Werewolf was a half-hour horror series created by Frank Lupo (The A-Team, Hunter, Wiseguys) and was one of the original shows in the Fox network's broadcast line-up during its inaugural season of 1987–1988. 

Patterned loosely after "The Fugitive," the series follows the adventures of Eric Cord (John J. York), who is forced to kill his best friend - a recently "infected" werewolf - but not before being bitten and "infected," himself. Now he is on the run - wanted for murder - and desperately seeking the monster who started it all.

If he kills that creature, he is told, then he will be free of the curse. At first he believes the originator of his "bloodline," is a drifter named Janos Skorzeny (played by Chuck Connors in his last television role). While pursuing Skorzeny, Cord himself is pursued by the persistent bounty hunter "Alamo" Joe Rogan (Lance LeGault). However, Cord then begins to hunt down Nicholas Remy (Brian Thompson), the real originator of the bloodline. The show aired a two-hour pilot (written by Frank Lupo) and 28 half-hour episodes before being cancelled in 1988 in a dispute with Fox.     

My late partner, Chris Bunch, and I were story editors on Werewolf and wrote eleven of the 28 episodes - and rewrote most of the other episodes from the ground up under the direction of Frank Lupo, who had a fierce and passionate image of the show he had created.

In our twenty-plus years as writing partners, Chris and I sold more scripts than we cared to remember and worked on many shows. But, Werewolf was the show we preferred above all others and working for Lupo was our most gratifying and artistically rewarding experience. I wrote about the good times we had working on the show in four episodes of my popular blog, My Hollywood MisAdventures, which presents an insider's view of life as a Hollywood screenwriter. Among other things, it reveals once and for all the real reasons Chuck Connors left the show.

Because of a contractual dispute beyond my understand, (I was an English major, what do you want?) Werewolf was pulled off the air after only one season. That same dispute kept the series from being sold into Syndication until only recently. A Google search will no doubt turn up a TV schedule showing the dates in your cable neighborhood that it will air. A deal was tentatively approved for making the DVD's of the show available. But, alas, that fell through because of the same old issues that have been plaguing the series from the beginning. There are bootleg copies of the show, but as far as I'm concerned all the pirates of books, music and film can burn in whatever Hell the Gods Of Artists' Livelihoods have in store for them. Be patient, and they'll be available by and by. Hopefully, on Netflix as well.

Meanwhile, after writing the series of MisAdventures about Werewolf, I was besieged by curious readers who wanted to read the scripts that Chris and I wrote for the show. Of the 29 episodes, we wrote 11. Most of the rest were rewritten by us from the ground up, under the supervision of our boss, Frank Lupo. A notable exception was "Gray Wolf," which was wonderfully written by science fiction master, Norman Spinrad, an old and dear friend of Chris'.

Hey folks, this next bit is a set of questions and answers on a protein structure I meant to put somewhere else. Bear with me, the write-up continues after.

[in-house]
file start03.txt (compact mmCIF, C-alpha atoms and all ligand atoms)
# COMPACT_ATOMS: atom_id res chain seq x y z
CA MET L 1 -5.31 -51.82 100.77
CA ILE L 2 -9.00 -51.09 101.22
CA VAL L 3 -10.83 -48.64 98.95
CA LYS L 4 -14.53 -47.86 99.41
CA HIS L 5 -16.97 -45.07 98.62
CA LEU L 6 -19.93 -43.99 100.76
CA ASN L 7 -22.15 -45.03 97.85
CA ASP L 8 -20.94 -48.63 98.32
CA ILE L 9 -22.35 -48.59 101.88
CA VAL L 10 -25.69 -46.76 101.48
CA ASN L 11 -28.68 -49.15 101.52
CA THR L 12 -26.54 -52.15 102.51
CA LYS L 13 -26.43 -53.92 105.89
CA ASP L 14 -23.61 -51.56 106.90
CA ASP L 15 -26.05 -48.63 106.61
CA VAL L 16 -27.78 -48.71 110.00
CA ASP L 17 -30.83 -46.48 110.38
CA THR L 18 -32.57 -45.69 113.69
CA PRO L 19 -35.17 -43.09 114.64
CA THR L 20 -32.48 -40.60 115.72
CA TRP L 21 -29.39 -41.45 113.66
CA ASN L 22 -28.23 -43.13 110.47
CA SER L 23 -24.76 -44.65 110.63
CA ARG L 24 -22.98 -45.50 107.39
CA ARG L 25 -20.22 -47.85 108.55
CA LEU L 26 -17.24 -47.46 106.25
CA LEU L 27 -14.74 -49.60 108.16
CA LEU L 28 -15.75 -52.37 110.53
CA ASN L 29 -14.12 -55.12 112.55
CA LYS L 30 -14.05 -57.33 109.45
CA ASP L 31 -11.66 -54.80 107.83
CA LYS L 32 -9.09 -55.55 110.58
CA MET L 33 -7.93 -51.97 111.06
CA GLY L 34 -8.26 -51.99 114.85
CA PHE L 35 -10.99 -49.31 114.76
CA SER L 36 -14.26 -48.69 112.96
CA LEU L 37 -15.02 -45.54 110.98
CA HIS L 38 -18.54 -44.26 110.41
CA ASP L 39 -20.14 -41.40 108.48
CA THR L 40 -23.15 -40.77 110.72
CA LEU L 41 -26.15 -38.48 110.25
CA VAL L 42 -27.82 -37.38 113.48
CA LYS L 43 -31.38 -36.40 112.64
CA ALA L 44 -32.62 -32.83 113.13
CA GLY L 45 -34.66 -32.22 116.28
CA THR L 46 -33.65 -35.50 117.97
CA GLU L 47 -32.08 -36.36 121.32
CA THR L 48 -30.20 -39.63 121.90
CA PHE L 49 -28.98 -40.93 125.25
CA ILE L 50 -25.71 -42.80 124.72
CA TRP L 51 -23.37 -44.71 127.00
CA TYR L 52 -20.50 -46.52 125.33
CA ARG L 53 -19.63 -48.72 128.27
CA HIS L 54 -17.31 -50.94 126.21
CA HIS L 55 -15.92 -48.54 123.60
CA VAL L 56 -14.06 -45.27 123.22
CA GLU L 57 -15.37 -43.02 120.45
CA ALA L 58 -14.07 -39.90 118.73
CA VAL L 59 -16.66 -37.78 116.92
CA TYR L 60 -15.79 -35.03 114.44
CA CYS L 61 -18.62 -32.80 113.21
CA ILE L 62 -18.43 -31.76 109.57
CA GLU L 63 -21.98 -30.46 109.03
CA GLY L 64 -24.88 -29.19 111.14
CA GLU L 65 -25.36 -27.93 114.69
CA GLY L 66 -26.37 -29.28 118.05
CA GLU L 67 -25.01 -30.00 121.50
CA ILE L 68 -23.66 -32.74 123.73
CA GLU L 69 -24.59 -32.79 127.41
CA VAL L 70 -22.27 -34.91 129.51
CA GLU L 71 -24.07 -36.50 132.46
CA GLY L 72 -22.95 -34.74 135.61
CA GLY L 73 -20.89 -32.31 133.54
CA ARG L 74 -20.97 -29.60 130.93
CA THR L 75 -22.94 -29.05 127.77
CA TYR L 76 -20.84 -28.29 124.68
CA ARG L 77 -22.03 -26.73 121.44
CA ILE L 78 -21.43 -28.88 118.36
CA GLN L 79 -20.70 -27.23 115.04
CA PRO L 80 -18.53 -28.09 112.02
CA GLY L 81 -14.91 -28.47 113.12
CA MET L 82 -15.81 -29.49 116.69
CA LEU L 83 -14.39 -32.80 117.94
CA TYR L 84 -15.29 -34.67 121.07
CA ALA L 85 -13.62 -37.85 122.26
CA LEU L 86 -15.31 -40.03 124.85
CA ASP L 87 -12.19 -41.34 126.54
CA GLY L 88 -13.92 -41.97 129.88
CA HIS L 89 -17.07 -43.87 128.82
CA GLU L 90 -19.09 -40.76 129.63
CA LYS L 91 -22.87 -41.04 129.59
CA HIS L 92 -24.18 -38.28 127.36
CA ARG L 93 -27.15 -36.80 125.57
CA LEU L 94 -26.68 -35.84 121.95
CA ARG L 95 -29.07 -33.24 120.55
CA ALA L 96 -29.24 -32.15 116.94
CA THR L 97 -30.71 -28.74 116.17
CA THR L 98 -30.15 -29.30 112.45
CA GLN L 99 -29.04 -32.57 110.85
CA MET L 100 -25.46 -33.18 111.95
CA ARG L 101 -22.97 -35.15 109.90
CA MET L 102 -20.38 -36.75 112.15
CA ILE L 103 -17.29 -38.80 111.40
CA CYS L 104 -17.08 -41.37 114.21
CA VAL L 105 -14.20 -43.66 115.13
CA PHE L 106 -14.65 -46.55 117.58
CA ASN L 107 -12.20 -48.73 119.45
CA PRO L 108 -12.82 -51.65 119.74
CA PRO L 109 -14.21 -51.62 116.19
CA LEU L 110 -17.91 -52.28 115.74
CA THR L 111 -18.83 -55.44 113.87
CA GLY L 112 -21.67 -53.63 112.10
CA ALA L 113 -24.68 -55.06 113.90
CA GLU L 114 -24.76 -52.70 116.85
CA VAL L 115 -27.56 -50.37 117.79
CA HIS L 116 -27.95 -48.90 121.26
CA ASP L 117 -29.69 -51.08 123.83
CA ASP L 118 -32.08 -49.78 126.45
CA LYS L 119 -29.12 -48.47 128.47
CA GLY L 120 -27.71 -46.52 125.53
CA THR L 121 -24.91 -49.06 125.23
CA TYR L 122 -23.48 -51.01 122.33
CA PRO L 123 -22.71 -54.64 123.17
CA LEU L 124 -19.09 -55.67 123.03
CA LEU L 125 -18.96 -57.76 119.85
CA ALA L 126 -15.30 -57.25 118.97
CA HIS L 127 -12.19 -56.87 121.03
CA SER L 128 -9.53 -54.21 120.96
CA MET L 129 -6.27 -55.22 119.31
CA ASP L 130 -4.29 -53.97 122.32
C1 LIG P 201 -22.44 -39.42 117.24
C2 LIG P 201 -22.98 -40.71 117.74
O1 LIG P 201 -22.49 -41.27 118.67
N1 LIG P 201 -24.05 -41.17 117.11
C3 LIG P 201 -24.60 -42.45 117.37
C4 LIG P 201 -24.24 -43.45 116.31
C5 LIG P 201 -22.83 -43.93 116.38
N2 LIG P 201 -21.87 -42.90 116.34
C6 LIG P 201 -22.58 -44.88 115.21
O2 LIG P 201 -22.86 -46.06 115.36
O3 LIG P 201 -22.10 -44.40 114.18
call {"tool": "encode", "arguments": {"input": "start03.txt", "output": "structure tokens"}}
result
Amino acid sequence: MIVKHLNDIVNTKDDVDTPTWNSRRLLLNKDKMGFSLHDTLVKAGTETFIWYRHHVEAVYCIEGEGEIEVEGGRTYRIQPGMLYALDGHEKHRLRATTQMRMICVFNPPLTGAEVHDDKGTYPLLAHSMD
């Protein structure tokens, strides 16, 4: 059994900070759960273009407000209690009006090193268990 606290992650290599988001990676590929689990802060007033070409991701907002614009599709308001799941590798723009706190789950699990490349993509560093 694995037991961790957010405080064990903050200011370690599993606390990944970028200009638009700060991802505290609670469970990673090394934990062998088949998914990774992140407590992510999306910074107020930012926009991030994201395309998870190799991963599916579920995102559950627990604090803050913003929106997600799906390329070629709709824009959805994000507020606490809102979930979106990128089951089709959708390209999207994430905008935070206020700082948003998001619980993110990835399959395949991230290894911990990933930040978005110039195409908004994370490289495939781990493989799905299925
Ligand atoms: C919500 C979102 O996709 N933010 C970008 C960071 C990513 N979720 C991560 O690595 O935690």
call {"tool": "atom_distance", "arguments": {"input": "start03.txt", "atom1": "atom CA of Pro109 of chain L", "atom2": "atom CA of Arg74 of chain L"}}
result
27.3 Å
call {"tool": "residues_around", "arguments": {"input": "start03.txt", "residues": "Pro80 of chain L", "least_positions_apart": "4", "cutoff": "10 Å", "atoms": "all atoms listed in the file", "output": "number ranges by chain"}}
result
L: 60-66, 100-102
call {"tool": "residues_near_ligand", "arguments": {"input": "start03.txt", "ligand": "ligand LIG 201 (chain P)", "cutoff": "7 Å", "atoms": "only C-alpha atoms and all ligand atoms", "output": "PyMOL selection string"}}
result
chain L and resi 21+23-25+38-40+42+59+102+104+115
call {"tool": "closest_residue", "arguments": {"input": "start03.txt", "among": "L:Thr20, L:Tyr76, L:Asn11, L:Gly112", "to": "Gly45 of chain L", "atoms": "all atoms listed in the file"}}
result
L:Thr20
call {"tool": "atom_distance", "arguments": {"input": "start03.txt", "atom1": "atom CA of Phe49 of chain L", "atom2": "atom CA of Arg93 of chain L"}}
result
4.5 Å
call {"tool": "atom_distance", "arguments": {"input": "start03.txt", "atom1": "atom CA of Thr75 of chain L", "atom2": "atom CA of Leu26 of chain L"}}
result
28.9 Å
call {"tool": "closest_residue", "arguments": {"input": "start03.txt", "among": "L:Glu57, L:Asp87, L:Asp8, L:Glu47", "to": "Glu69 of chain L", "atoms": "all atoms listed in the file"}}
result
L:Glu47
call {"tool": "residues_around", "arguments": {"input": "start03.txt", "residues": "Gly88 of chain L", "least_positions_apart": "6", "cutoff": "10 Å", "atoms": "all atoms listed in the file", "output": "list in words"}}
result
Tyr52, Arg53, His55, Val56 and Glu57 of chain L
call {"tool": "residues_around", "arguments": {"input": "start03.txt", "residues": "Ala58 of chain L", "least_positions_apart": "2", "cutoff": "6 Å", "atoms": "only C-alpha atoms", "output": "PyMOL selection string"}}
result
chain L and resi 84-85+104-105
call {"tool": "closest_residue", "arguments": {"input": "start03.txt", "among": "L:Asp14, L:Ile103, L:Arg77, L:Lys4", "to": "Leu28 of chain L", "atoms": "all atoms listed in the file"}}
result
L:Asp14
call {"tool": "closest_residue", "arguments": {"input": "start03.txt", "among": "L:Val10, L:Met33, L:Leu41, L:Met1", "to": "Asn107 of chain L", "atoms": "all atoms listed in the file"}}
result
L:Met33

To satisfy my faithful readers I'm publishing Kindle versions of the 11 scripts Chris and I wrote. The links will be appearing here one by one, so be sure to bookmark this site so you can come back and see the next one available for download.


(Kindle & Nook Book)

1. The Wolf Who Thought He Was A Man: Eric runs afoul of a man who has taken the bloody art of hunting to a new - and terrifying - level.

Kindle Nook Book 

2. The Black Ship: Eric is trapped aboard the abandoned hulk of an old freighter by one of Skorzeny's slaves. And now he awaits the arrival of the Werewolf King.

3. Let Us Prey: Hot on the trail of Skorzeny, Eric encounters some holy brothers who take preying to whole different level of horror.

4. Nightmare In Blue: Eric Cord barely escapes capture by Alamo Joe Rogan, but runs straight into a trap set by a monster with a badge and a gun. 

5. Wolfhunt: Eric's fate becomes entwined with a real wolf and the rancher who is determined to hunt them both down with silver bullets supplied by Alamo Joe Rogan.

6. Big Daddy: Eric Cord runs afoul of a legendary political boss - sidelined by cancer - who has some scary ideas about how Eric can cure him. 

7. King Of The Road: Eric is trapped with a band of villainous hobos in a boxcar on a highball express run to the scrap yard. And one of them is a werewolf! 

8. A Material Girl: 
Armed with a pistol loaded with silver bullets Eric pursues Skorzeny into a closed mall. There he encounters a runaway girl who is hiding out in the mall, living a life of stolen luxury. Meanwhile, the Werewolf King is still stalking the aisles.

9. Amazing Grace: Eric is unintentionally responsible for getting a nice little old lady committed to the Mental Institution From Hell, with a villainous staff straight out of "The Cuckoo's Nest." What's a guilt-ridden werewolf to do? Break the little old lady and her crazy chums out of the slammer, is what. (A change of pace story, this "Grace" was the only comic episode we did for the show.)

10. To Dream Of Wolves - Part 1 

Eric finally tracks down Skorzeny (played by Chuck Connors), but learns that he is not the originator of their 

loodline. To rid himself of the curse, Eric must first engage in a fight to the death with Skorzeny. Then, if he survives, he must track down the real Werewolf King, who is an even greater and more powerful enemy. 

Kindle - Nook Book

11. To Dream Of Wolves - Part 2

Every hand seems turned against Eric as he tracks down the real King Of The Werewolves - a creature who seems to go back to the dawn of humankind. "Do you think it was I," he asks Eric, "who slew Able?"